Though art and neuroscience may initially seem like severely different disciplines, artists and neuroscientists have more in common than one might think. For example, as Dunn himself proclaimed, “Part of being an artist or a scientist is living your life with the intent to solve a problem: wanting to know more about something that you’re interested in, and allowing yourself to become utterly obsessed and consumed by the problem.” It appears that Dunn has done exactly that, and in the process has produced some captivating pieces of art and compelling scientific theories. The Airspace had a fascinating opportunity to have a conversation with Dr. Dunn about the science behind his art, and the art behind his science.
Neuroscience Art: Greg Dunn’s Neurons Painted In Japanese Sumi-e Style – interview with Greg.
Some of the works, like “Hippocampus II,” give those of us who do not spend a lot of time around a microscope a look at the complex architecture of our neurons. And then there are the occasional stumpers that are impossible to decipher as neuron or nature. “Two Pyramidals,” for example, look like upside down dandelions far more than, as Dunn explained over the phone, “a type of neuron found in the brain that integrate information received from their dendrites, process it, and transmit it to other cells through its axon.”
In February 2012, two large format commissioned paintings, Cortex in Metallic Pastels and NG2+ Flare (link to the gold leaf page here), are completed and installed at the Brain Science Institute, Johns Hopkins University.
Fifteen works are currently on display at the Howard Hughes Medical Institute, Janelia Farm campus in Ashland, Virginia. This exhibit will be taken down and reinstalled at the HHMI headquarters in Washington DC on May 1st, 2012, and will be exhibited until July 2012.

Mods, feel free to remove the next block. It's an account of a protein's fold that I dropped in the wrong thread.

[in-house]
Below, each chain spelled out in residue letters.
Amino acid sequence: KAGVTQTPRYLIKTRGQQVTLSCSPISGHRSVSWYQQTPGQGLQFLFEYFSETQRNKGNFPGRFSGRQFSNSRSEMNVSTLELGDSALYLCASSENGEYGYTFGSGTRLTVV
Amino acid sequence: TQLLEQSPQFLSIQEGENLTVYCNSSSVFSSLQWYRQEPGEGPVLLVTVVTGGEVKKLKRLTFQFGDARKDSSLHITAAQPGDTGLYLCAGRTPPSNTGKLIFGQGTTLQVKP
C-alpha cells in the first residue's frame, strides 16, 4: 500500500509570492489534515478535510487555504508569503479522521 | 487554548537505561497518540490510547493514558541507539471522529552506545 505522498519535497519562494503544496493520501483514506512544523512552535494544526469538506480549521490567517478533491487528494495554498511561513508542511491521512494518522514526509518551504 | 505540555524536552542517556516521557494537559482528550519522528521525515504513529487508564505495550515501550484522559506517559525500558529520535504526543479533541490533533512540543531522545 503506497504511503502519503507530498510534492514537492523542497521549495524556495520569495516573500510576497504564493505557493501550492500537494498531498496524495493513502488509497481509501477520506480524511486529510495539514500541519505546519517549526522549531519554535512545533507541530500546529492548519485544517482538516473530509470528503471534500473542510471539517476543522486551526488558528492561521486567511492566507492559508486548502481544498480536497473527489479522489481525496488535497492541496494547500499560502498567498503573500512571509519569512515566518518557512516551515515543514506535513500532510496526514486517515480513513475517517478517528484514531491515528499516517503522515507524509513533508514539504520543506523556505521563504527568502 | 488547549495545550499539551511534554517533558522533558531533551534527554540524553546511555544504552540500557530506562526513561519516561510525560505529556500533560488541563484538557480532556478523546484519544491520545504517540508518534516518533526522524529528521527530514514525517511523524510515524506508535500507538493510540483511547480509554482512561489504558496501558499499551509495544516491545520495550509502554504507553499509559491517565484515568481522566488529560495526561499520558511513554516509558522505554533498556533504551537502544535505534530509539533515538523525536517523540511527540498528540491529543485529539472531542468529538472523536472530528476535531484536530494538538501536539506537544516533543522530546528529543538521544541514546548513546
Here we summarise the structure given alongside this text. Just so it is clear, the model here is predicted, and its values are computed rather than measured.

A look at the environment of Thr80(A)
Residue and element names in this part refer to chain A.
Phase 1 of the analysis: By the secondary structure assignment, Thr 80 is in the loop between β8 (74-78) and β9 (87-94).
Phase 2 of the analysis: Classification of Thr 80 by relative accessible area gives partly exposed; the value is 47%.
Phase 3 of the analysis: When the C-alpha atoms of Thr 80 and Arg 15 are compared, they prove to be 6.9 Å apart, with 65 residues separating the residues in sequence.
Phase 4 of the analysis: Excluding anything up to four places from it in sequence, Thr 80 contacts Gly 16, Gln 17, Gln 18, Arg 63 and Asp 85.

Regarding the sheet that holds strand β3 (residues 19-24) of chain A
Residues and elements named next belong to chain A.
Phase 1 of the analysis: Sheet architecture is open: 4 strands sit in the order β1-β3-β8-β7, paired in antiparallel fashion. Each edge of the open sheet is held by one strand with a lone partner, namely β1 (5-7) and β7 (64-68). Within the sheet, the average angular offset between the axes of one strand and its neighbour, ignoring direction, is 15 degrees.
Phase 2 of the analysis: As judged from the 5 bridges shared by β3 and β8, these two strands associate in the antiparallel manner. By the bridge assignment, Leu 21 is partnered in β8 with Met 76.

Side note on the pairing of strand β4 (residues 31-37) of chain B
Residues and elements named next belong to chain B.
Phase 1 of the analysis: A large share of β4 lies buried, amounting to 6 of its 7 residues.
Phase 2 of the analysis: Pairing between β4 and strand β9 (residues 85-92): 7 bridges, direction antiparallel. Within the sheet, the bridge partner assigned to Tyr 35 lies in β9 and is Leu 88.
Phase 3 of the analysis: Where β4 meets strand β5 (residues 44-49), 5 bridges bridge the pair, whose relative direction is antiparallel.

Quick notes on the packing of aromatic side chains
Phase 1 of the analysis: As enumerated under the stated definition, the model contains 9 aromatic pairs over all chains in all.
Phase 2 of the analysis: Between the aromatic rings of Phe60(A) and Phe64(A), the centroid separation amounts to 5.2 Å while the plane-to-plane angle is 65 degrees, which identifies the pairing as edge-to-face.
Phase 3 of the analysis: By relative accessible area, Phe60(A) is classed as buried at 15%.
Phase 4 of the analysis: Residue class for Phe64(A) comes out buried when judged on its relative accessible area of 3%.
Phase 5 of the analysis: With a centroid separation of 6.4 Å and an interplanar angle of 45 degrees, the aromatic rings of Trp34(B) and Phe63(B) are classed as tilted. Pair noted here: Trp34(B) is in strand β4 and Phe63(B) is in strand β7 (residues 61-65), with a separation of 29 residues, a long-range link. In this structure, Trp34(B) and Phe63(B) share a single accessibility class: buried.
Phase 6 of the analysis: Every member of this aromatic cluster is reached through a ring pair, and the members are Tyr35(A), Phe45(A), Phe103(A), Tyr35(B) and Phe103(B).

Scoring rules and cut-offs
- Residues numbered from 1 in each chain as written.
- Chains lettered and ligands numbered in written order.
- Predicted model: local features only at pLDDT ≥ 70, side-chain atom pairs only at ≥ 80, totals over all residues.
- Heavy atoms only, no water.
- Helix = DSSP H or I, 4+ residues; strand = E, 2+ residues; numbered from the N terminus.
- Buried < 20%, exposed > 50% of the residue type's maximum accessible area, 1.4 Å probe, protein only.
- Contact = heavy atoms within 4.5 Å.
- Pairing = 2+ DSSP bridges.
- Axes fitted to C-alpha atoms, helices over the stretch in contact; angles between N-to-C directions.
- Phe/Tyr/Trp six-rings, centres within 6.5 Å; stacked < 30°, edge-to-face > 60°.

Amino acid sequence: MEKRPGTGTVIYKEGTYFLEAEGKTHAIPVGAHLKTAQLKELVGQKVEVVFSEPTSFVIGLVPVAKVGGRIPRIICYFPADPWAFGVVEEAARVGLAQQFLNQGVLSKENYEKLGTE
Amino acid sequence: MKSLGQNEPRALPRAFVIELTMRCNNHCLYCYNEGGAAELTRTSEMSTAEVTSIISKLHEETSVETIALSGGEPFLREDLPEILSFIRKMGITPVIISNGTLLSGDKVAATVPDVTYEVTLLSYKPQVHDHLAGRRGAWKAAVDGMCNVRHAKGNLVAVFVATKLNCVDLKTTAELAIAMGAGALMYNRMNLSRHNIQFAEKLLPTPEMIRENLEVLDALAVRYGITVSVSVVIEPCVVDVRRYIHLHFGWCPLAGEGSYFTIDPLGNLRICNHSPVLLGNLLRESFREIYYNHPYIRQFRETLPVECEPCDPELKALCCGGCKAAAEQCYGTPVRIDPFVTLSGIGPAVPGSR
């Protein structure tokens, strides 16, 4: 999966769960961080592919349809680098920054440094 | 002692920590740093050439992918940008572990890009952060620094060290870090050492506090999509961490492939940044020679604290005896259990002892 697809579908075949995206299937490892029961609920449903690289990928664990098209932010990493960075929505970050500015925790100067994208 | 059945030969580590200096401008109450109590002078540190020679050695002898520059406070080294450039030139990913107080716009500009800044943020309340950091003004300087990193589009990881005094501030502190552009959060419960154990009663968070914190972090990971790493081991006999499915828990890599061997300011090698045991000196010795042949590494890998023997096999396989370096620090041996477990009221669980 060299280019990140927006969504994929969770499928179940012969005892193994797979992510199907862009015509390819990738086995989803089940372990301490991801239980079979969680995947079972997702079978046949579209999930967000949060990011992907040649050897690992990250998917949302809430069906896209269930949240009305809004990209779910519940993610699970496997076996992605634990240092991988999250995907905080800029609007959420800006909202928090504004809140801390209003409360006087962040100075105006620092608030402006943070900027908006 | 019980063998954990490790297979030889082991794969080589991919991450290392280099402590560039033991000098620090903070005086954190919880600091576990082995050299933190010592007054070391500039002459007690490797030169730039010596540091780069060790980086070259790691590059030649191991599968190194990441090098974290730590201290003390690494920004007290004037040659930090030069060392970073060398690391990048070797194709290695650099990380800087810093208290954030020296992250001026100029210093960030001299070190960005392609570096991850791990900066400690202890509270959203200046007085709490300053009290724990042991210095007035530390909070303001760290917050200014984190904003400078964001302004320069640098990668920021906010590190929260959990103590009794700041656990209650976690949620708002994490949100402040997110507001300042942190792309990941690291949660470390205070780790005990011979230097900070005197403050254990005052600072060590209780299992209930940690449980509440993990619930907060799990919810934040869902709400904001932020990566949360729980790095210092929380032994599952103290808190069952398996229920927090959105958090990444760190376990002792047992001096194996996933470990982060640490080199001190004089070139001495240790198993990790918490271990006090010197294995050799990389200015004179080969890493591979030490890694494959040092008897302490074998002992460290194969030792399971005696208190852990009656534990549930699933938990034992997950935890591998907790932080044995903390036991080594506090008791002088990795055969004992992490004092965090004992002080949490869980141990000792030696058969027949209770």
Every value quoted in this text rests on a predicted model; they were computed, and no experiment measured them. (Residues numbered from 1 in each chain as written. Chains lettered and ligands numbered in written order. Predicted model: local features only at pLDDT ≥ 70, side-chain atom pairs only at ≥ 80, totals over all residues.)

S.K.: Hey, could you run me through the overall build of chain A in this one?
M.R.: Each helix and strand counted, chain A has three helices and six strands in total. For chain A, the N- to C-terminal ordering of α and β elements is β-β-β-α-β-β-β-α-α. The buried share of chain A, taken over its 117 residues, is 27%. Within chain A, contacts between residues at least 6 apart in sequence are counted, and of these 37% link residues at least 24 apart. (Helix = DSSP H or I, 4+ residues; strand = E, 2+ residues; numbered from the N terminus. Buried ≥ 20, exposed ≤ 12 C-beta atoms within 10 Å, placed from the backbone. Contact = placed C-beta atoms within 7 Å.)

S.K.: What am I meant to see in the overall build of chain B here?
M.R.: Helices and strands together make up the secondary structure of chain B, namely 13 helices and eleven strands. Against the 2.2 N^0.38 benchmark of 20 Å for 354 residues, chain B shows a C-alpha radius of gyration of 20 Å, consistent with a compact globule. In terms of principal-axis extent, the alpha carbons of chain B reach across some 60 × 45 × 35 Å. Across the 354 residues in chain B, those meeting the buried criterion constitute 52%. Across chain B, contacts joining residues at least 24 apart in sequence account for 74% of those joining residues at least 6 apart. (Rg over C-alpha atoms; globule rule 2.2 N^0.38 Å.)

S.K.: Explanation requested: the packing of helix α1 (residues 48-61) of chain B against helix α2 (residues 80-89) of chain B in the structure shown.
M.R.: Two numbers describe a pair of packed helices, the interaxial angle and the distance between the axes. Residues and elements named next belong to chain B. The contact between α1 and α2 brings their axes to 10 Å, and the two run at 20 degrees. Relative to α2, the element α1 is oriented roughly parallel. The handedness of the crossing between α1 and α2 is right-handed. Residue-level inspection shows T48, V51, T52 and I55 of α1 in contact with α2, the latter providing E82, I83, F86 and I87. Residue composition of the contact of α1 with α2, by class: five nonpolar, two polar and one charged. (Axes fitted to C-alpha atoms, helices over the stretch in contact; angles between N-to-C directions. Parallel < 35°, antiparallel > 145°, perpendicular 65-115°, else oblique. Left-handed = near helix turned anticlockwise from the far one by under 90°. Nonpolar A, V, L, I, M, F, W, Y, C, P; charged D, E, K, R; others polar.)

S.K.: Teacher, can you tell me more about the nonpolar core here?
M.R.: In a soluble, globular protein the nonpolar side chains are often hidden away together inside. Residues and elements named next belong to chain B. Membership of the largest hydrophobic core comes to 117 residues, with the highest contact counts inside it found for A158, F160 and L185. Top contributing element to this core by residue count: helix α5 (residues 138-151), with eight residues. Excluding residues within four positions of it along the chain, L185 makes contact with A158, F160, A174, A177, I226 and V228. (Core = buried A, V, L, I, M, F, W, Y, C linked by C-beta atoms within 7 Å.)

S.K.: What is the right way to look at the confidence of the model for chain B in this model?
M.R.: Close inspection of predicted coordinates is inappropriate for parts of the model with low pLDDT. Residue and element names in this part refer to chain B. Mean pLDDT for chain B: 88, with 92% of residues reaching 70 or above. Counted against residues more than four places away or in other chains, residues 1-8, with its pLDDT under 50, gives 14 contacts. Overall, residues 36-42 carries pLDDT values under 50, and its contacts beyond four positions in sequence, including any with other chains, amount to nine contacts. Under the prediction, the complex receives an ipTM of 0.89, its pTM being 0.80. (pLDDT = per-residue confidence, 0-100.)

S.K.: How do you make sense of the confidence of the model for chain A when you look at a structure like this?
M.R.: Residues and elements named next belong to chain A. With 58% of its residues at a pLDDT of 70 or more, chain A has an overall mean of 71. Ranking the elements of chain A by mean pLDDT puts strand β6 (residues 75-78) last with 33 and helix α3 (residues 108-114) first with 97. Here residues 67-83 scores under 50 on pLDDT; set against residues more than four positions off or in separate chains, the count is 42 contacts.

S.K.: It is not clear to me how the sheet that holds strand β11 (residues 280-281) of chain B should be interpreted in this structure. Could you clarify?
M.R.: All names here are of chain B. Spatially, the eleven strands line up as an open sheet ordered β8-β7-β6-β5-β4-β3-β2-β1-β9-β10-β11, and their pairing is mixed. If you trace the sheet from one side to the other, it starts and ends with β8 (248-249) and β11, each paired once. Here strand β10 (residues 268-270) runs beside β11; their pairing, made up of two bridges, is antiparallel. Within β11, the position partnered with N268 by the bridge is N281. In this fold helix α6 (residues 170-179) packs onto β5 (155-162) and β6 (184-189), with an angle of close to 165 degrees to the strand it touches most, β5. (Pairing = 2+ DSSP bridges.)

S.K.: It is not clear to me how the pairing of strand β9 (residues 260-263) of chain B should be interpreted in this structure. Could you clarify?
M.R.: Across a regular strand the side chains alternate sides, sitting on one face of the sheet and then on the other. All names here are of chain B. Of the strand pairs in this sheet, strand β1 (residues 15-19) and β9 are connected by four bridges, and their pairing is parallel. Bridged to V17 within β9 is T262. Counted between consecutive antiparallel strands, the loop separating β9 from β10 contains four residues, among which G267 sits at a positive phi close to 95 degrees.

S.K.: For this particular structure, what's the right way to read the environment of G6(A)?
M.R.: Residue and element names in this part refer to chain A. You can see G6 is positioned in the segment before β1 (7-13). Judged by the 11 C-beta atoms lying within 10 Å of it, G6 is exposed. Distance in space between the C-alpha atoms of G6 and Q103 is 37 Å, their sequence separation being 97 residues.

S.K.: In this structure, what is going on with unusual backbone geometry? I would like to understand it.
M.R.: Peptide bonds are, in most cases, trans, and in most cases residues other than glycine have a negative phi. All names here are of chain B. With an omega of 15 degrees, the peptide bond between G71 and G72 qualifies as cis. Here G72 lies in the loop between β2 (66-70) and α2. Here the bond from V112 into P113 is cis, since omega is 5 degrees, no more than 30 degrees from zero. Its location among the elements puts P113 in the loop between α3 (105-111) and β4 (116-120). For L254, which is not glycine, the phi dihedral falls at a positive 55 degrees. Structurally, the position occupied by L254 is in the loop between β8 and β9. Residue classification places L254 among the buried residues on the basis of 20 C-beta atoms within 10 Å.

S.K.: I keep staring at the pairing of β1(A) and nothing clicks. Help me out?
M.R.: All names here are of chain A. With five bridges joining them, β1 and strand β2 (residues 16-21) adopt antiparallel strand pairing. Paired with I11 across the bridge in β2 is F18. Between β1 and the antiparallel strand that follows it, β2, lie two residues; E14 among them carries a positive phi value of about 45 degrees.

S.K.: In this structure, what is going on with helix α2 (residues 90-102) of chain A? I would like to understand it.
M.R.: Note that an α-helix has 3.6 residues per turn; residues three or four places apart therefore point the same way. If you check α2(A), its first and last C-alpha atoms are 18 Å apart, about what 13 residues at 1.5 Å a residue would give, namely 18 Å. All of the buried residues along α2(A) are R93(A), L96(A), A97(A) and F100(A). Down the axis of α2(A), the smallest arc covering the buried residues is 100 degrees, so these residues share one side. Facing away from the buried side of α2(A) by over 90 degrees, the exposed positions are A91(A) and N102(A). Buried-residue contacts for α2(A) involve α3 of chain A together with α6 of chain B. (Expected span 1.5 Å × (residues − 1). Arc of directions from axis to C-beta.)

Interview and online gallery posted on the Neuroscience themed online publication The Beautiful Brain by Noah Hutton:
Beneath all, what do you find beautiful about the brain?
GD:It is literally the most complicated object in the known Universe! The tremendous knot of cells when connected in a certain way gives rise to a strange sense of “I” that is able to ponder and learn things about its environment. It is an utter miracle, and is at the root of why we are conscious beings able to appreciate this world and all of its beauty. How can you not love it?
Hippocampus II appears on the cover of the journal Neurosurgery, along with a full length article written by journalist David Haldeman.
…Dunn is a 6th year PhD candidate in Neuroscience at the University of Pennsylvania, and his approach to art mirrors his scientific background. He uses pipettes to deliver precise
amounts of pigment to the canvas, creates wet lab-style
workflow protocols so that he can accurately reproduce techniques later, makes digital mock-ups of a project before putting his brush to canvas, and uses his knowledge of chemistry to precisely manipulate the variety of materials he utilizes in his work. Further, Dunn’s knowledge of the visual system deeply informs his creative process. Continue reading →
I used to have a beautiful gold Japanese folding screen, which was purchased by my great-grandmother’s feisty sister on a trip in the 1920s. I loved the gold patina and the surprisingly modern impact it had on my wall. At the moment, it’s loaned to a friend, but looking at Greg Dunn’s artwork, I couldn’t help but be reminded of the best aspects of my screen: the gold leaf, crisp black patterns, and way that the scene seemed half natural, half abstract.
“Neurons and Nature,” a collection of work by Dunn, a fourth-year graduate student in neuroscience at Penn Medicine, is on display through Aug. 6. Dunn’s paintings are inspired by his study of neurons – the cells that make up the brain – his admiration of Asian art and his love of nature.